)

First, create the Quix Streams Application, which is our constructor for everything! We provide it our connection settings, consumer group (ideally unique per Application), and where the consumer group should start from on our topic.

NOTE: Once you are more familiar with Kafka, we recommend learning more about auto_offset_reset.

Define Topics

customer_purchases_topic = app.topic(name="customer_purchases")
customers_qualified_topic = app.topic(name="customers_coupon_qualified")

Next we define our input/output topics, named customer_purchases and customers_coupon_qualified, respectively.

They each return Topic objects, used later on.

NOTE: the topics will automatically be created for you in Kafka when you run the application should they not exist.

The StreamingDataFrame (SDF)

sdf = app.dataframe(topic=customer_purchases_topic)

Now for the fun part: building our StreamingDataFrame, often shorthanded to "SDF".

SDF allows manipulating the message value in a dataframe-like fashion using various operations.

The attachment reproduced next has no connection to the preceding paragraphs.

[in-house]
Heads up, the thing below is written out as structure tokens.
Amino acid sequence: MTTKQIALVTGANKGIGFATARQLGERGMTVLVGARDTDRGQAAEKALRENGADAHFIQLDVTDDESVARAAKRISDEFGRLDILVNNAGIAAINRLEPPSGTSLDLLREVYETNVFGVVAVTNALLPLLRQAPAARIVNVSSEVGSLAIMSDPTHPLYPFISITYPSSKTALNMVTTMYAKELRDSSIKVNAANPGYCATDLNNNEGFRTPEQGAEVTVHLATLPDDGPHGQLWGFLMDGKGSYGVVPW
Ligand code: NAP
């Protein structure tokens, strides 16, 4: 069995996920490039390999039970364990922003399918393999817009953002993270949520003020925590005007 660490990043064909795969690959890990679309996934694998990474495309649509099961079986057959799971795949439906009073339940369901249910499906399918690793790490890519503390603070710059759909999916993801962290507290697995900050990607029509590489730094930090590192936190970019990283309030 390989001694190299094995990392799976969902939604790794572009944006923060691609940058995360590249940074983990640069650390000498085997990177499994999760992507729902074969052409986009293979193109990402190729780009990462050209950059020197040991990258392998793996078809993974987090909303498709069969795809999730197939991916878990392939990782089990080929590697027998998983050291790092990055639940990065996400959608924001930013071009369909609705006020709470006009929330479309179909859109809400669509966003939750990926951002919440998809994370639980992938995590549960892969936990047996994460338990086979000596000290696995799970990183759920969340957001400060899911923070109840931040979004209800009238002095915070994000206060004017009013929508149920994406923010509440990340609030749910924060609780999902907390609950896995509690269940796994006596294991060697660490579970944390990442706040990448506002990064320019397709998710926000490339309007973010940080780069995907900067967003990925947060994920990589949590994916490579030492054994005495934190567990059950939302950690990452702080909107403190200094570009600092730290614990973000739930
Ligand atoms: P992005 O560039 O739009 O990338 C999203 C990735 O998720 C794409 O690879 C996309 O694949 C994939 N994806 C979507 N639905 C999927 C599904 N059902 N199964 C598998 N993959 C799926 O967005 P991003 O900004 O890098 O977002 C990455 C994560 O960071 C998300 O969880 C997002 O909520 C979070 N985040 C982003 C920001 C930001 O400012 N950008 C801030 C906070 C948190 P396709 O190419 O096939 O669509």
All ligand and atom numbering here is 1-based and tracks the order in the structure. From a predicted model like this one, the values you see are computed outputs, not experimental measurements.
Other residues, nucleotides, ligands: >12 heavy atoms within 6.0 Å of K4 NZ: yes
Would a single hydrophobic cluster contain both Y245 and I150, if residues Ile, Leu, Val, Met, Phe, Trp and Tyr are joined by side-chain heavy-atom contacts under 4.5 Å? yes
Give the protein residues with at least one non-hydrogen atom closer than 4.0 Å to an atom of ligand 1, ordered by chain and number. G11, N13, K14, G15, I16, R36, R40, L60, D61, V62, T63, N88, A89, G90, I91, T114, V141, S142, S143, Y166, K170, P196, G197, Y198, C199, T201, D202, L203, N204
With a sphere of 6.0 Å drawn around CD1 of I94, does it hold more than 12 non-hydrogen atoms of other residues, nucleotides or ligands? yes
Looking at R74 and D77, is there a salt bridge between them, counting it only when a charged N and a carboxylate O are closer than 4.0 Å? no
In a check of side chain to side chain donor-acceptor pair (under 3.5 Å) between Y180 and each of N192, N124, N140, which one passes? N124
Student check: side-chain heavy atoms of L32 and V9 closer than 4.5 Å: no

After initializing, we continue re-assigning to the same sdf variable as we add operations.

(Also: notice that we pass our input Topic from the previous step to it.)

Filtering Purchases

def get_purchase_totals(items):
    return sum([i["Price"]*i["Quantity"] for i in items])

sdf = sdf[
    (sdf["Purchases"].apply(get_purchase_totals) * SALES_TAX >= 100.00)
    & (sdf["Membership Type"].isin(["Silver", "Gold"]))
]

We get started with a bang!

Let's break it down step-by-step, as most of our work is done here:


# step A
sdf["Purchases"].apply(get_purchase_totals) * SALES_TAX >= 100.00

Here, we do an SDF.apply(F) operation on a column (F should take your current message value as an argument, and return your new message value): our F here is get_purchase_totals.

Notice how you can still do basic operations with an SDF.apply() result, like multiplying it by our sales tax, and then finally doing an inequality check on the total (all of which are SDF operations...more on that in a second).


# step B
sdf["Membership Type"].isin(["Silver", "Gold"])

We additionally showcase one of our built-in column operations .isin(), a way for SDF to perform an if x in y check (SDF is declaratively defined, invalidating that approach).

NOTE: some operations (like .isin()) are only available when manipulating a column. - if you're unsure what's possible, autocomplete often covers you! - ADVANCED: complete list of column operations.


# "and" Steps A, B
(A) & (B)
Now we "and" these steps, which translates to your typical A and B (and returns a boolean).

A few notes around & (and):

  • It is considered an SDF operation.